Wolfgang Amadeus Mozart (arr. Jean Françaix): Nonet for Winds and Strings, K. 452

Written for the Melbourne Symphony Orchestra Chamber Music Series. Not to be reprinted without permission.

A little more than 200 years after Mozart wrote his Quintet for Winds and Piano, K. 452, Jean Françaix arranged the piece as a Nonet for Winds and Strings. He left the wind parts the same (oboe, clarinet, horn, and bassoon) while replacing Mozart’s piano part with a string quintet (two violins, viola, cello, and bass)—almost as if it had been a sketch for such in the first place. So this is a piece by Mozart, but certainly one filled with qualities Françaix favored in his own works too: prominent wind writing and a surface-level decorativeness that belies a deeply-felt inner world.

Mozart wrote his quintet in 1784 for a concert series he was giving at the Burgtheater in Vienna. The scoring reflected a growing interest at the time in chamber wind ensembles, a genre sometimes called Harmoniemusik. Following its March 30 premiere that year, Mozart wrote to his father, “[it] called forth the very greatest applause: I myself consider it to be the best work I have ever composed.… And how beautifully it was performed!” Today it would be an underdog for any top-10 list of Mozart works (there are so many to choose from), but it’s beautiful and unusual enough to be a believable onetime favorite.

Françaix clearly loved the piece, and thought it could bear some added heft with strings. When he made the arrangement in 1995, the 83-year-old composer was one of the last living people with a direct connection to the great 20th-century French tradition—a follower of Maurice Ravel and Les Six (especially Francis Poulenc and Darius Milhaud). When Françaix was a child, Ravel recognized his talent and told his father: “Among the child’s gifts I observe above all the most fruitful an artist can possess, that of curiosity.” He went on to study with the famed pedagogue Nadia Boulanger. Both Ravel and Boulanger had a neoclassical bent and a deep appreciation for older music—values echoed in this arrangement.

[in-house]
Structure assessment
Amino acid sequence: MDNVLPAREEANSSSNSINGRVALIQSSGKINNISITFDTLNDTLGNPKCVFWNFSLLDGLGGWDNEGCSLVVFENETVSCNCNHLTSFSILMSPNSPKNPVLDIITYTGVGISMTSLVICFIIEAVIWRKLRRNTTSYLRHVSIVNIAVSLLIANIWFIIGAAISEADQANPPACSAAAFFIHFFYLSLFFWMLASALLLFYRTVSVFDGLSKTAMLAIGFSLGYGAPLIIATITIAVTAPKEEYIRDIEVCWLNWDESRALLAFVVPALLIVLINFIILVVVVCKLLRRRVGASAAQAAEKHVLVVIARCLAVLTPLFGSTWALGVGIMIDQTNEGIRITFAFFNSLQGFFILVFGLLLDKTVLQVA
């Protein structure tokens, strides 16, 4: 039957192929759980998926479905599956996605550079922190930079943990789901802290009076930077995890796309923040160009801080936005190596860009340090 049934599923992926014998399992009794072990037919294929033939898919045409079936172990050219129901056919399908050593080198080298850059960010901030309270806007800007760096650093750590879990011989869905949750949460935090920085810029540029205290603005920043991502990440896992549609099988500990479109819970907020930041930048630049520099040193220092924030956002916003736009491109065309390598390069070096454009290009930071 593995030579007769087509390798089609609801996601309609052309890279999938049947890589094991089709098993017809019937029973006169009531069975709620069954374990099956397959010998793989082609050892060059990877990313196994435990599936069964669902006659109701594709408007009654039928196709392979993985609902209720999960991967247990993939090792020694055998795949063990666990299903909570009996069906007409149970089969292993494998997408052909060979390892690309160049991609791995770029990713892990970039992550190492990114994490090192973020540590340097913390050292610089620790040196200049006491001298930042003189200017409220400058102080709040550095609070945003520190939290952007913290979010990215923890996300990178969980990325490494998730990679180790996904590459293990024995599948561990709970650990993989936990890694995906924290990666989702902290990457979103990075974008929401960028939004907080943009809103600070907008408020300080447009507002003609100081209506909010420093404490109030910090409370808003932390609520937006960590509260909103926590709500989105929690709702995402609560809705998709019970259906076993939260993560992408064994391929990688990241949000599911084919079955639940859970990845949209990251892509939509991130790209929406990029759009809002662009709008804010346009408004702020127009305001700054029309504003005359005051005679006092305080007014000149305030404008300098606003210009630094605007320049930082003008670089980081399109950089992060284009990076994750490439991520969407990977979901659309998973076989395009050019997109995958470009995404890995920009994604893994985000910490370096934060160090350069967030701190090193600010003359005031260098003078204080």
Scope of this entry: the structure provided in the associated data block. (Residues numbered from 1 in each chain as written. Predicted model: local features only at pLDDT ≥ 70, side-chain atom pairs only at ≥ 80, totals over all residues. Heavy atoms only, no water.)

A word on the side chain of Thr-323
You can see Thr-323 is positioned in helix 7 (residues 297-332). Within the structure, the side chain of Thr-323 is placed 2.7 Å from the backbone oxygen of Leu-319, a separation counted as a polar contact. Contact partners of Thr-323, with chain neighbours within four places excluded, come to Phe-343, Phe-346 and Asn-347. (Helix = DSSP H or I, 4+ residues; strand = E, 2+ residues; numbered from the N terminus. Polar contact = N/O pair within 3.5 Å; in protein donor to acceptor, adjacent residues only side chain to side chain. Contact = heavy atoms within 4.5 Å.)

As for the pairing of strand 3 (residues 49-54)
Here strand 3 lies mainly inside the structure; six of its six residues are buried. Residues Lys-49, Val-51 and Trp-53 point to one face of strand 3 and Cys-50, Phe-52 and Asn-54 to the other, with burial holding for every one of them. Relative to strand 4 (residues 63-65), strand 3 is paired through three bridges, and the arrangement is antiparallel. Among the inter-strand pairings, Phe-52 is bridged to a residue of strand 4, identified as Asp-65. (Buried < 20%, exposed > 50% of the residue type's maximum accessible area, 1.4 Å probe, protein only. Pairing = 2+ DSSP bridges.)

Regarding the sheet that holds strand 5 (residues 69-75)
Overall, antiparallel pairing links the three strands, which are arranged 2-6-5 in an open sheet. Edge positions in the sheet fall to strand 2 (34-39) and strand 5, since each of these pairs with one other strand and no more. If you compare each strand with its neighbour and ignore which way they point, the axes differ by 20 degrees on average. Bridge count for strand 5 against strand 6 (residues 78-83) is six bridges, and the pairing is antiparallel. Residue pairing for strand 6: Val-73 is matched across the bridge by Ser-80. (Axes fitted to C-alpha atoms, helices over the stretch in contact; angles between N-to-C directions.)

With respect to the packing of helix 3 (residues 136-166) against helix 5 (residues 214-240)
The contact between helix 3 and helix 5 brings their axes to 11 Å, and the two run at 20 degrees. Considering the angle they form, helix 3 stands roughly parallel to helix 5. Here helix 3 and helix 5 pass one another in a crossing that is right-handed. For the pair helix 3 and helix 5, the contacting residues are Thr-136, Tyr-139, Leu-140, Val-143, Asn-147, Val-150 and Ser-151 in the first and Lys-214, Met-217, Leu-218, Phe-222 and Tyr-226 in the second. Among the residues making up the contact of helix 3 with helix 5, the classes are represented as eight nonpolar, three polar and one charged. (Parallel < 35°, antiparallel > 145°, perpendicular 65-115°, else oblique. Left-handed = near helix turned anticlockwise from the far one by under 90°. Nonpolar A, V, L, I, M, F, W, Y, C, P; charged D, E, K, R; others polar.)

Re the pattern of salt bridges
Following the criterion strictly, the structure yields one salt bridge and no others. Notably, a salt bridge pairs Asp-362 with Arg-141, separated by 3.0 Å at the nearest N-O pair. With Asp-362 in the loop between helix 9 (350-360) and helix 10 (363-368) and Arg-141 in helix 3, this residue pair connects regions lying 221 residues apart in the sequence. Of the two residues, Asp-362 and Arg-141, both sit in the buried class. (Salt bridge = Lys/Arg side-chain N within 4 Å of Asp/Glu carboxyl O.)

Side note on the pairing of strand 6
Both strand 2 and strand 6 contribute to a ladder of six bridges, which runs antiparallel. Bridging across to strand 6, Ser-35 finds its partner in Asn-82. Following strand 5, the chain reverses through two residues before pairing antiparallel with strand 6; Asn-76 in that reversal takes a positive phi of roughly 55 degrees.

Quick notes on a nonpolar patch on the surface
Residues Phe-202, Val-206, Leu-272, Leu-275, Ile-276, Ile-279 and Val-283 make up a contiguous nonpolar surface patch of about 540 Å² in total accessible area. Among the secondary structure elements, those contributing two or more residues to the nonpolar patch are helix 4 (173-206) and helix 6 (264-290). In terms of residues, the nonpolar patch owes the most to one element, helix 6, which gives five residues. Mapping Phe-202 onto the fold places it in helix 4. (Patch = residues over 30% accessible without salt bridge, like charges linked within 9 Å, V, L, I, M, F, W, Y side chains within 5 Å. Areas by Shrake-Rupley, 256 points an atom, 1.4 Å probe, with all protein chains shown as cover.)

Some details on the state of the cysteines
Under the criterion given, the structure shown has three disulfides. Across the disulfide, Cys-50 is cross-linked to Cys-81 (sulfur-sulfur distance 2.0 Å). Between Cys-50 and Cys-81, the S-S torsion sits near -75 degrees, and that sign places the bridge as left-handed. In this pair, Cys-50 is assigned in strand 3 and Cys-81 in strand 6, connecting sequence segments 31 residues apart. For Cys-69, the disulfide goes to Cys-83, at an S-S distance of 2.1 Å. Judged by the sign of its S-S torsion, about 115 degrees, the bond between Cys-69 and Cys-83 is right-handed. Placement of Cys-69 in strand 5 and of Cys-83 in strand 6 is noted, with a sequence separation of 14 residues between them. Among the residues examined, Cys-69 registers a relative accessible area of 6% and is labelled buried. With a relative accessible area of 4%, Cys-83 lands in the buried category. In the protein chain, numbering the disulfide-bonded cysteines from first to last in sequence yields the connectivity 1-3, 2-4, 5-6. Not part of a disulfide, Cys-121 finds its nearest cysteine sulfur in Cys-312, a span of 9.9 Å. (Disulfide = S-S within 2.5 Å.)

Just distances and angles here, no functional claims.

The piece is set in three movements, structurally resembling a concerto more than a piece of chamber music. Especially with strings replacing piano, the ensemble takes on the character of a miniature orchestra. The first movement begins with a Largo introduction, restrained and economical in its expression, but yearning to expand outward. It moves ahead, bridging into a whimsical Allegro moderato. The development section shifts slightly with an exchange of rising and falling ideas, and the winds briefly fragment from each other into solo voices, before everything coalesces again.

The slow movement, Larghetto, is like a little opera scene—the kind where a number of characters sing their woes, separately and then together. There’s a bit of orchestral framing, and a lurching falling sequence tugs it back to a resolution.

The finale is a rondo, where the opening theme returns between varied episodes. The main theme is first repeated between the winds and strings, and then digresses into a frivolous elaboration. The next departure darkens into the minor key, picking up a walking bass line. A written-out cadenza overlays all the instruments before the final return of the theme, and then an almost Rossini-style crescendo coda.

Benjamin Pesetsky is a composer and writer. He serves on the staff of the San Francisco Symphony and also contributes program notes for the Philadelphia Orchestra and Melbourne Symphony.